On the Road: A Muddy Hello and Teary Goodbye in Omaha
I attended the final game in the history of 62-year-old Rosenblatt Stadium tonight, in which the Omaha Royals defeated the visiting Round Rock Express by a score of 6-2 in front of an announced crowd of 23, 795 (!)
As a strong proponent of making the figurative literal, I’ll lead with this pic of the sun setting on Rosenblatt:
It was an emotional evening, one punctuated by celebrity guests, commemorative giveaways, and, of course, fireworks.
But you know what I’ll probably remember most? That I attended this game wearing mud-caked, soaking wet sneakers. This was the residual effect of previously having visited the construction site of the O-Royals future home, located amidst the cornfields of nearby Sarpy County.
Trust me, it was gloppy as-all-get-out over there. The pictures don’t do it justice, but for the rest of the day I was like “call me Alowishus Devadander Abercrombie” because, you know, that’s long for mud.
But that’s enough about Claypools. I received a tour of the new facility from project engineer Michael Keller, who is overseeing construction on behalf of general contractor Weitz (there will be an article about all of this up on MiLB.com shortly, so please forgive the relative lack of detail).
The bleachers are the only seating areas that have been installed as of yet. That’s “Building Nine” behind the bleachers, which will include the home and visiting clubhouses.
I truly am intrigued by the unorthodox clubhouse placement, but I’m including this second pic of building nine primarily to show how muddy it was.
The view from the outfield:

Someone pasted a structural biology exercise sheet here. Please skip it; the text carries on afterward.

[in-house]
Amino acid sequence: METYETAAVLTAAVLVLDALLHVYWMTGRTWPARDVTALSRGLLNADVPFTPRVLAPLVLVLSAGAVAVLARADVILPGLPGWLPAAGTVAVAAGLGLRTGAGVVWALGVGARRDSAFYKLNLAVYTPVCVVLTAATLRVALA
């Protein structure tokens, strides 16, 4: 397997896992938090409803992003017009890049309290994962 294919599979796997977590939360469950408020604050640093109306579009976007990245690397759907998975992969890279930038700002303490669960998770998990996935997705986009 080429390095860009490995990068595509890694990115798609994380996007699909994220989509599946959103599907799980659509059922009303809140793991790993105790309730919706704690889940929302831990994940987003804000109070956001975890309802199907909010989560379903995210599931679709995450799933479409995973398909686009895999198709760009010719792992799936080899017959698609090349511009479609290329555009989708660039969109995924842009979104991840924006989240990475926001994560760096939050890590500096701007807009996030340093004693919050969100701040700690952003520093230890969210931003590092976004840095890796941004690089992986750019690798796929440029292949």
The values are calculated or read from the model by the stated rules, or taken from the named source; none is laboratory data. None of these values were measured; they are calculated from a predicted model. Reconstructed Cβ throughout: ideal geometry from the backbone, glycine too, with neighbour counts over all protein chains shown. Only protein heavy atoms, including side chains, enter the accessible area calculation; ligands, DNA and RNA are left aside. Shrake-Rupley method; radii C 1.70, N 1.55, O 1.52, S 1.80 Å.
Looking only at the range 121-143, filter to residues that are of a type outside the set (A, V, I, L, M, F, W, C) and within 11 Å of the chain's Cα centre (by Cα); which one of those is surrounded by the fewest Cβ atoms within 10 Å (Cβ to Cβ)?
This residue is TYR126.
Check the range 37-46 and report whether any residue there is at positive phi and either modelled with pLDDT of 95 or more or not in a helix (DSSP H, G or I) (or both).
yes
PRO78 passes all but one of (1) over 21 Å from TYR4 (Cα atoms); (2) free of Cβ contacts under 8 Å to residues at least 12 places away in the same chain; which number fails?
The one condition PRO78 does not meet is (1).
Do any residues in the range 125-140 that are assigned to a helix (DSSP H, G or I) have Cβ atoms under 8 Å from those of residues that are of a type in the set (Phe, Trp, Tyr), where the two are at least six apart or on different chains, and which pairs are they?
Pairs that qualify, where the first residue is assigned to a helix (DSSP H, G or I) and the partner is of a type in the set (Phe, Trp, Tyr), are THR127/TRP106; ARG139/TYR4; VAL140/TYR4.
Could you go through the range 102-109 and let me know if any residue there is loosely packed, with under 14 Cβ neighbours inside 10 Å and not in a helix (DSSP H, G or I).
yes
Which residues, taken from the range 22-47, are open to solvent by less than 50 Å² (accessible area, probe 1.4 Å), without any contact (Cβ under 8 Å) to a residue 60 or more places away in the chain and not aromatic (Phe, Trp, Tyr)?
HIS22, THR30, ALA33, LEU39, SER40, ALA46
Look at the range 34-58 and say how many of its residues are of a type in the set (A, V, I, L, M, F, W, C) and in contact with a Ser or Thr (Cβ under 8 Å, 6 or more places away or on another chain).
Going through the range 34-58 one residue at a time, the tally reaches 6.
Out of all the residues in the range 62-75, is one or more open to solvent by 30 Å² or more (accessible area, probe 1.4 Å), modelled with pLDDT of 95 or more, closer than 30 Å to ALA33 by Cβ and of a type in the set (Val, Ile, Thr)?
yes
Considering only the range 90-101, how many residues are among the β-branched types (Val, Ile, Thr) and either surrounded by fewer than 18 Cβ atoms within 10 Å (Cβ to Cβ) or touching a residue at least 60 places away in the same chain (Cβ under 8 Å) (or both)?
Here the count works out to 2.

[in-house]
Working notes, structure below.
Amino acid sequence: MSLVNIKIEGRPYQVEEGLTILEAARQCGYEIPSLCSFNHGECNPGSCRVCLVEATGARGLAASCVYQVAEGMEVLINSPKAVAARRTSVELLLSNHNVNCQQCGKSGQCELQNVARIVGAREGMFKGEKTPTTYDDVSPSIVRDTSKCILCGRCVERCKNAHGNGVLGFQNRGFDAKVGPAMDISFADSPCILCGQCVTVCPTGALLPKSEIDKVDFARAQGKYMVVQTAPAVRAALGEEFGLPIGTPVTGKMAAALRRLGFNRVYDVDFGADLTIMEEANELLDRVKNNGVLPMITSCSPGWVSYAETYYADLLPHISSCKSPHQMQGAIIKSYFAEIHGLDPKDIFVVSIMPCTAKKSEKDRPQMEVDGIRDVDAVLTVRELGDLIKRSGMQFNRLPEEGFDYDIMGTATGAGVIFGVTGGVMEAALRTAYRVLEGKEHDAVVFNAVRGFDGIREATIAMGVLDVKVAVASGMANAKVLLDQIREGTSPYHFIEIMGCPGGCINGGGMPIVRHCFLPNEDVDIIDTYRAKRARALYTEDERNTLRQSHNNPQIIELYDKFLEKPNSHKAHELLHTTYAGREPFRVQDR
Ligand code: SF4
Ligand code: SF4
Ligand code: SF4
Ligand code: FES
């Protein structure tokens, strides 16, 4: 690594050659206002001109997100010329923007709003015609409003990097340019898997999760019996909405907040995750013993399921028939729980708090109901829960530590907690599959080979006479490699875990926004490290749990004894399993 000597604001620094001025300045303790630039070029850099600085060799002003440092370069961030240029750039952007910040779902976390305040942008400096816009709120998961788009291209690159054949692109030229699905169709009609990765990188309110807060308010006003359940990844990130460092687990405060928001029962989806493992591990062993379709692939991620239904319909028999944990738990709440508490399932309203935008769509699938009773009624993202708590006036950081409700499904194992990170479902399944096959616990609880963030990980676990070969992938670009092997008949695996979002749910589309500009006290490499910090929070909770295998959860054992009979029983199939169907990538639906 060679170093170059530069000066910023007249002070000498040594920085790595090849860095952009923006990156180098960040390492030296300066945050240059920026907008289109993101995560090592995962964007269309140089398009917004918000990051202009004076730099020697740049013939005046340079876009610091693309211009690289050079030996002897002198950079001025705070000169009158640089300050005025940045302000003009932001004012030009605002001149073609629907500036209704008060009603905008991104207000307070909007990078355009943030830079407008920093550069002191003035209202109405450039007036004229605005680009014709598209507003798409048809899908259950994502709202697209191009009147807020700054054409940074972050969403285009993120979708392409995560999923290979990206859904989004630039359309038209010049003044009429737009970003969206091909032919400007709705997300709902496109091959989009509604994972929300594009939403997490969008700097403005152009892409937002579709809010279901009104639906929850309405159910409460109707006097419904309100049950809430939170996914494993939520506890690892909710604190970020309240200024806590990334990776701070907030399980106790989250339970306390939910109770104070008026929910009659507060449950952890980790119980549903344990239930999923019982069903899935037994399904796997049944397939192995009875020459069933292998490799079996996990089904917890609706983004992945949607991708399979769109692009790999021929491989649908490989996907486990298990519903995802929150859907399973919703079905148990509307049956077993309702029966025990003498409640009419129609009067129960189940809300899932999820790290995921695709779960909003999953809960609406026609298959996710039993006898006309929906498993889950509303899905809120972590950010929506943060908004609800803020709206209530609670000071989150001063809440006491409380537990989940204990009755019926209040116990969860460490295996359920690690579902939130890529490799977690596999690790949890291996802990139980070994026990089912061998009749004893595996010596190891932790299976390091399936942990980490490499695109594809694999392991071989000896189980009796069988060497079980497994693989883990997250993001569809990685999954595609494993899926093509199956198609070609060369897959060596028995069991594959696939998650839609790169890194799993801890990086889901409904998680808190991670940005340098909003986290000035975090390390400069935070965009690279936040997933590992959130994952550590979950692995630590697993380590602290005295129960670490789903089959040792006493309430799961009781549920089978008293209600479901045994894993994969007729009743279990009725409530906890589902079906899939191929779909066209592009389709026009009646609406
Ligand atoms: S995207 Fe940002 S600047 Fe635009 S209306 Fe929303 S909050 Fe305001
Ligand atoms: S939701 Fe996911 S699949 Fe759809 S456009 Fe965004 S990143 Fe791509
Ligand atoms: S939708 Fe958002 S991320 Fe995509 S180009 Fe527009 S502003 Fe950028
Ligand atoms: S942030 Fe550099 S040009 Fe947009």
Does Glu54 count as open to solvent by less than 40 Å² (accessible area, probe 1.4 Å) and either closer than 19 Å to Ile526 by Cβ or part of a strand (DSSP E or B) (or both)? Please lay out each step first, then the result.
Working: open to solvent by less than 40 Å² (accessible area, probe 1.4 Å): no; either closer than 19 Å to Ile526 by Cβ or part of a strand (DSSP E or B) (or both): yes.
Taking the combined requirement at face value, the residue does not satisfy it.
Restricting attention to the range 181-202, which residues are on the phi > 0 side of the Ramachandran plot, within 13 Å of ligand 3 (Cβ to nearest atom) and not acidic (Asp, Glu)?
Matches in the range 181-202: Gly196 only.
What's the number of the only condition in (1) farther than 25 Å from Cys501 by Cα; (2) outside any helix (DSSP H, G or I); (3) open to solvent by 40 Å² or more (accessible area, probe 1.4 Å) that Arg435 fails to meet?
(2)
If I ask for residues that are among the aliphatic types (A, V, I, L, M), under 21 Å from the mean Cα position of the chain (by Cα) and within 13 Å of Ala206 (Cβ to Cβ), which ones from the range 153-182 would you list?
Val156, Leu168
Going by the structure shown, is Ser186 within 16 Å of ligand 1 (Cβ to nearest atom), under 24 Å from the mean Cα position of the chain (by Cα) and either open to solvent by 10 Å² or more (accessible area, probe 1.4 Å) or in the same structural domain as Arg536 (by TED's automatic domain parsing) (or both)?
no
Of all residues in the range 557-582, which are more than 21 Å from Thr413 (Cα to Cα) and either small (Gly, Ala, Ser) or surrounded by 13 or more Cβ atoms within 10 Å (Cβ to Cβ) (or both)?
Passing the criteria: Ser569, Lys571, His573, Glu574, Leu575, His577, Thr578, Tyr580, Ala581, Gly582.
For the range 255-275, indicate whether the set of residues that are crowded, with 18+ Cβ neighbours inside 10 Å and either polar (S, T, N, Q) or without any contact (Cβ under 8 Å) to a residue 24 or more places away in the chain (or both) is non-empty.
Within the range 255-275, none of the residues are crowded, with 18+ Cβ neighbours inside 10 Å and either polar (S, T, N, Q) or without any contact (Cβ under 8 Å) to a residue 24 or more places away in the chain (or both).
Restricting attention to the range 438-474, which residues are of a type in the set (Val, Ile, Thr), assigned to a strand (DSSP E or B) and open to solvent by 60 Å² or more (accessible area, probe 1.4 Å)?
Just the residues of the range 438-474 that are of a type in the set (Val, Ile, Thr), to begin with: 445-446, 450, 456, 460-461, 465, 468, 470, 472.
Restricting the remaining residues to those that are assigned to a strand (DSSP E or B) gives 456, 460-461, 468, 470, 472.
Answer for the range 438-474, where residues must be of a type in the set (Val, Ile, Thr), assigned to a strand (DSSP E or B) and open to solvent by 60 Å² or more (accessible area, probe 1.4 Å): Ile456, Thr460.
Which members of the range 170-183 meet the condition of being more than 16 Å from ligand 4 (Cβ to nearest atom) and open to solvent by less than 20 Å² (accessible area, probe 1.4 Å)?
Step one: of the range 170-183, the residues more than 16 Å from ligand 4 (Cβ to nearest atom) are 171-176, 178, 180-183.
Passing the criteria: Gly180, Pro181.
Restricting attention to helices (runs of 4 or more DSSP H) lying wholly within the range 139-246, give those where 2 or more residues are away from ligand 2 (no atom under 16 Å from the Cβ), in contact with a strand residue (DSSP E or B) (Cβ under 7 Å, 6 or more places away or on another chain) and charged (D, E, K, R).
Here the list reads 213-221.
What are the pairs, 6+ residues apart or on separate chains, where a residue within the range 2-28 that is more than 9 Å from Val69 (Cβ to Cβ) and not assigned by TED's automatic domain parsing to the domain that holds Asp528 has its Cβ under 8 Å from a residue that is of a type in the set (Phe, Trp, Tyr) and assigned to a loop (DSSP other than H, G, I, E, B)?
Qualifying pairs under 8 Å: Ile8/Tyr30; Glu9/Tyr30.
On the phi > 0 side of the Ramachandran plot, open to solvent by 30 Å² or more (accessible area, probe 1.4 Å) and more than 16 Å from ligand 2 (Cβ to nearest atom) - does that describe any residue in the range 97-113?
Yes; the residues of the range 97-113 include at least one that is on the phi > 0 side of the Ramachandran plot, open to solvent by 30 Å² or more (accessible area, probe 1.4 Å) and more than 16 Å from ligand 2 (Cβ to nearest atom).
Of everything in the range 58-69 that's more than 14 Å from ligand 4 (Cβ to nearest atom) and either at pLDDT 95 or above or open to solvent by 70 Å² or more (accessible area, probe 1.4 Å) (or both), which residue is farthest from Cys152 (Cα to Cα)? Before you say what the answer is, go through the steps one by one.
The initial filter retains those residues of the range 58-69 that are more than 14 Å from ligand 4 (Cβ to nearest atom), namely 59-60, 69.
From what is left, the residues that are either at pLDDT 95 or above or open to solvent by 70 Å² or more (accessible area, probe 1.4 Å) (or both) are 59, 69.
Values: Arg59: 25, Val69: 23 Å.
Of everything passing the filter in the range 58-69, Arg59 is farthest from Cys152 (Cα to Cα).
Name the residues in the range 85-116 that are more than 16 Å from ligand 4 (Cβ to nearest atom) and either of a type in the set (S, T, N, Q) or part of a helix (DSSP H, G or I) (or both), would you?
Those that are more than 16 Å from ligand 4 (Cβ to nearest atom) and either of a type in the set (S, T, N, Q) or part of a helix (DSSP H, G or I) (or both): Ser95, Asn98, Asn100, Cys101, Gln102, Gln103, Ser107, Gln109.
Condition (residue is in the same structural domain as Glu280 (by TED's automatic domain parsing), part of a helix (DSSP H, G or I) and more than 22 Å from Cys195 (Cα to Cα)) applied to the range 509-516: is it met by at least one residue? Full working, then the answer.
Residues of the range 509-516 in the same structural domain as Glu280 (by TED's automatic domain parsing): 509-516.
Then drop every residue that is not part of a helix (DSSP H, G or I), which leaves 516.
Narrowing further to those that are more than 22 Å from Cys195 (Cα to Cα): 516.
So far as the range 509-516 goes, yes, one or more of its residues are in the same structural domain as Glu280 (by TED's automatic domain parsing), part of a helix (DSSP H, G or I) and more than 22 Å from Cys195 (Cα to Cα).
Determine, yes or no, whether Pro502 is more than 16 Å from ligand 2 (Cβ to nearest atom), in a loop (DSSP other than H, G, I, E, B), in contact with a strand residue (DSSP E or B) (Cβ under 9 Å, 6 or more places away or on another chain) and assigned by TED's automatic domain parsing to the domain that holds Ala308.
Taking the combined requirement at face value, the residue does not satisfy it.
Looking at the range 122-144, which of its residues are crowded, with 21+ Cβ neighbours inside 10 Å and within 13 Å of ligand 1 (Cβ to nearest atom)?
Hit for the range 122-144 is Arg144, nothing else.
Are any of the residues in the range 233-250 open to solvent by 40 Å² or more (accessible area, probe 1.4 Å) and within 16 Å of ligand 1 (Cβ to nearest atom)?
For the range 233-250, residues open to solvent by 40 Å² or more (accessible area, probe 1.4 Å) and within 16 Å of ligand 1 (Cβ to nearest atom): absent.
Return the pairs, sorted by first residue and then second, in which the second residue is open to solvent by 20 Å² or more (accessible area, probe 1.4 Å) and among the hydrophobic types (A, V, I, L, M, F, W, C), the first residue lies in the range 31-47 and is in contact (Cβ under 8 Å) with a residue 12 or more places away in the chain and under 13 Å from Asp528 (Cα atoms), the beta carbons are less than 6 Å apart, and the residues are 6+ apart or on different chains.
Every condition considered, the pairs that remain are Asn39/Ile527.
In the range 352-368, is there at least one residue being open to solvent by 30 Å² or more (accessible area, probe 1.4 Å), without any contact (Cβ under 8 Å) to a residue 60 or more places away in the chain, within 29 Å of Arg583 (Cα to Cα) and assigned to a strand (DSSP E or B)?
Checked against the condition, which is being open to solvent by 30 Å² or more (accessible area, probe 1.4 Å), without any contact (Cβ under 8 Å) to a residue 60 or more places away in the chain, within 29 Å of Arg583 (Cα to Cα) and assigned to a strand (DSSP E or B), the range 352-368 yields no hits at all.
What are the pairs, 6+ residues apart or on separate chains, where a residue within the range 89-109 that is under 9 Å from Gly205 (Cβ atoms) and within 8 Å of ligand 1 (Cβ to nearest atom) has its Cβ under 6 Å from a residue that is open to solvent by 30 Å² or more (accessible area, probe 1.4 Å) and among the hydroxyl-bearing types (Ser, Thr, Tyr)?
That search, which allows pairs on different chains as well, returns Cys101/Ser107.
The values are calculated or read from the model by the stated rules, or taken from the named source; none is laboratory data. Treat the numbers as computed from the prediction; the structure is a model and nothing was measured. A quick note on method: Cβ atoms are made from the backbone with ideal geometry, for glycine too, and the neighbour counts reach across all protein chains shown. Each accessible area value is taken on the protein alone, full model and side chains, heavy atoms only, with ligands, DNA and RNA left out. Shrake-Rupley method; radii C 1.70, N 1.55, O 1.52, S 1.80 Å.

Seats and Suites:
But the coolest thing of all was this mound of red dirt, just waiting to be applied to the warning track:
Soon it was time to depart this Martian landscape, in favor of the festivities going on at Rosenblatt. I got to the ballpark two and a half hours before gametime, and already there were hordes of people lined up outside of the stadium.
Please, keep any and all risque inflatable mascot comments to yourself:
One of the reasons I got to the ballpark so early was to interview some of the illustrious special guests. After getting past the armed guard at the North Pavilion, I was able to speak with Frank White, Willie Wilson, Dennis Leonard, and Paul Splittorff.
Footage of these interviews (and the festivities in general) will hopefully surface at some point in the near future. For now, here’s a shot of Leonard, Splittorff, and Wilson on the field prior to the ballgame:
More distinguished alums:
Meanwhile, the stadium was filling up fast. Rosenblatt’s seating area is very accommodating to large groups of fans. The concourse, not so much.
And, last game ever or not, it was above all a Thirsty Thursday. The beer lines were rob
On account of also hosting the College World Series, Rosenblatt boasts a comically large capacity for a Minor League park. What other team would be able to sell this kind of signage?
Scenes from ’round the Blatt:
Rosenblatt’s last ever Dizzy Bat Race:
Mascots in the Press Box, which was coincidentally the name of a post-rock band I formed back in my college days:
Long-time groundskeeper Jesse Cuevas addressed the crowd in a moving post-game speech, holding back tears while chanting “Viva La Rosenblatt!”
This set the stage for Steve Rosenblatt, son of stadium namesake and former mayor Johnny. Armed with a personalized Louisville slugger, the septuagenarian said goodbye to Rosenblatt with a ceremonial last hit (pitching was none other Tom Kelly, left, whose grandfather took the mound in the first-ever game at Rosenblatt).
And that was that for Rosenblatt. Eventually, the facility will be demolished and the land will be used by the nearby Henry Doorly Zoo.
Sunrise, sunset. Sunrise, sunset…